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NCCIH Research Blog

NIH Collaboratory Expands Its Portfolio of Pragmatic Clinical Trials

July 23, 2018

Catherine Meyers, M.D.

Catherine Meyers, M.D.


Office of Clinical and Regulatory Affairs

National Center for Complementary and Integrative Health

I am pleased to announce five new Pragmatic Clinical Trial (PCT) Demonstration Projects that have been funded within the NIH Health Care Systems Research Collaboratory. The Collaboratory is an NIH Common Fund program, which aims to strengthen the Nation’s capacity to implement cost-effective, large-scale studies that engage health care delivery organizations as research partners. The Collaboratory has launched nine full-scale trials thus far, and its projects have studied a variety of health problems in real-world settings where patients are already receiving care. This approach strengthens the relevance of research results to health practice.

NCCIH and the National Institute on Aging (NIA) have been leading Collaboratory efforts since the program was initiated in 2012, and I have previously blogged on its accomplishments since then. The Collaboratory’s major activities include the design and rapid execution of PCT Demonstration Projects. A Collaboratory Coordinating Center at Duke University also maintains a website dissemination of tools and resources to the research community, such as a Knowledge Repository and a Living Textbook.

This new set of PCT projects are supported directly by individual NIH institutes, centers, and offices that are providing PCT oversight:*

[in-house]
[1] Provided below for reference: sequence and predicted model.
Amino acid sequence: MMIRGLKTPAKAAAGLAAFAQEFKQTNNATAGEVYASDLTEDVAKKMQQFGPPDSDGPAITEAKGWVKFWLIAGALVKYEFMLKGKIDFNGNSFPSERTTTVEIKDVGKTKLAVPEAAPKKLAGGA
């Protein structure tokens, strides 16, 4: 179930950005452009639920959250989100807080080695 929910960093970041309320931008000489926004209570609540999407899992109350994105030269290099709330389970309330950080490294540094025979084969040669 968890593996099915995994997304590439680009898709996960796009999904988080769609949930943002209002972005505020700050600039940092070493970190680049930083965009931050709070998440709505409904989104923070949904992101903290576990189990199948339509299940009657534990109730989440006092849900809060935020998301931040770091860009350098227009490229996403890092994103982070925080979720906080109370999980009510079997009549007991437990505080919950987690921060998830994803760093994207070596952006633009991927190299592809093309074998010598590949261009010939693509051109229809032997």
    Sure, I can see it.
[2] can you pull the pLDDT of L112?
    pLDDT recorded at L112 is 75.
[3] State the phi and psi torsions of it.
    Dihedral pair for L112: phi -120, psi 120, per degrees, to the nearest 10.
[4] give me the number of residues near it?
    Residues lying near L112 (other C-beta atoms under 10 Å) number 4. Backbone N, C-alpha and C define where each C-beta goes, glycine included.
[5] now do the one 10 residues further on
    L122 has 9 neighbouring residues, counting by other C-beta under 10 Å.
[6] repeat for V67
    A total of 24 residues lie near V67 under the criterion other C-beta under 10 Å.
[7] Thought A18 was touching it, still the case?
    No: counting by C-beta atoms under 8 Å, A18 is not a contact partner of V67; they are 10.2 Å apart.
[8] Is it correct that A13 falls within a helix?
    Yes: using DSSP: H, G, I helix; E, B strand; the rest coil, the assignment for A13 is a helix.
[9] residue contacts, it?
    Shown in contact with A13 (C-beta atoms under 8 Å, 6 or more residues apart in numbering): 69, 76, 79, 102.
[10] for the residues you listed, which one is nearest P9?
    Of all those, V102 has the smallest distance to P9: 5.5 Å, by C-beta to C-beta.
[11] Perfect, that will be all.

• PRIM-ER: A primary palliative care intervention, within the emergency department setting, for older adults with serious, life-limiting conditions. (NCCIH, NIA)
  • P4TH: A parental guidance/education program, embedded in pediatric primary care, aimed at helping adolescents make good choices and assessing concerns like substance use, depression, and anxiety. (NCCIH, NIDA, OBSSR, ODP)
  • EMBED: An electronic health record tool to assist emergency room clinical decisionmaking regarding the implementation of buprenorphine for opioid use disorder. (NIDA)
  • NUDGE: Communication via text messaging and an artificial-intelligence chat technology to improve medication adherence and clinical outcomes in chronic cardiovascular conditions. (NHLBI)
  • ACP PEACE: A program of video decision aids for patients and communication training for clinicians, toward improving advance care planning in older patients with advanced cancer. (NIA)

More information, including on the principal investigators and their institutions, is available in the press release.

We look forward to the knowledge to be gained and disseminated, from answers to important clinical questions to insights on best practices for this approach to health care systems research.

*Abbreviations: NIDA, National Institute on Drug Abuse; OBSSR, NIH Office of Behavioral and Social Sciences Research; ODP, NIH Office of Disease Prevention; and NHLBI, National Heart, Lung, and Blood Institute.


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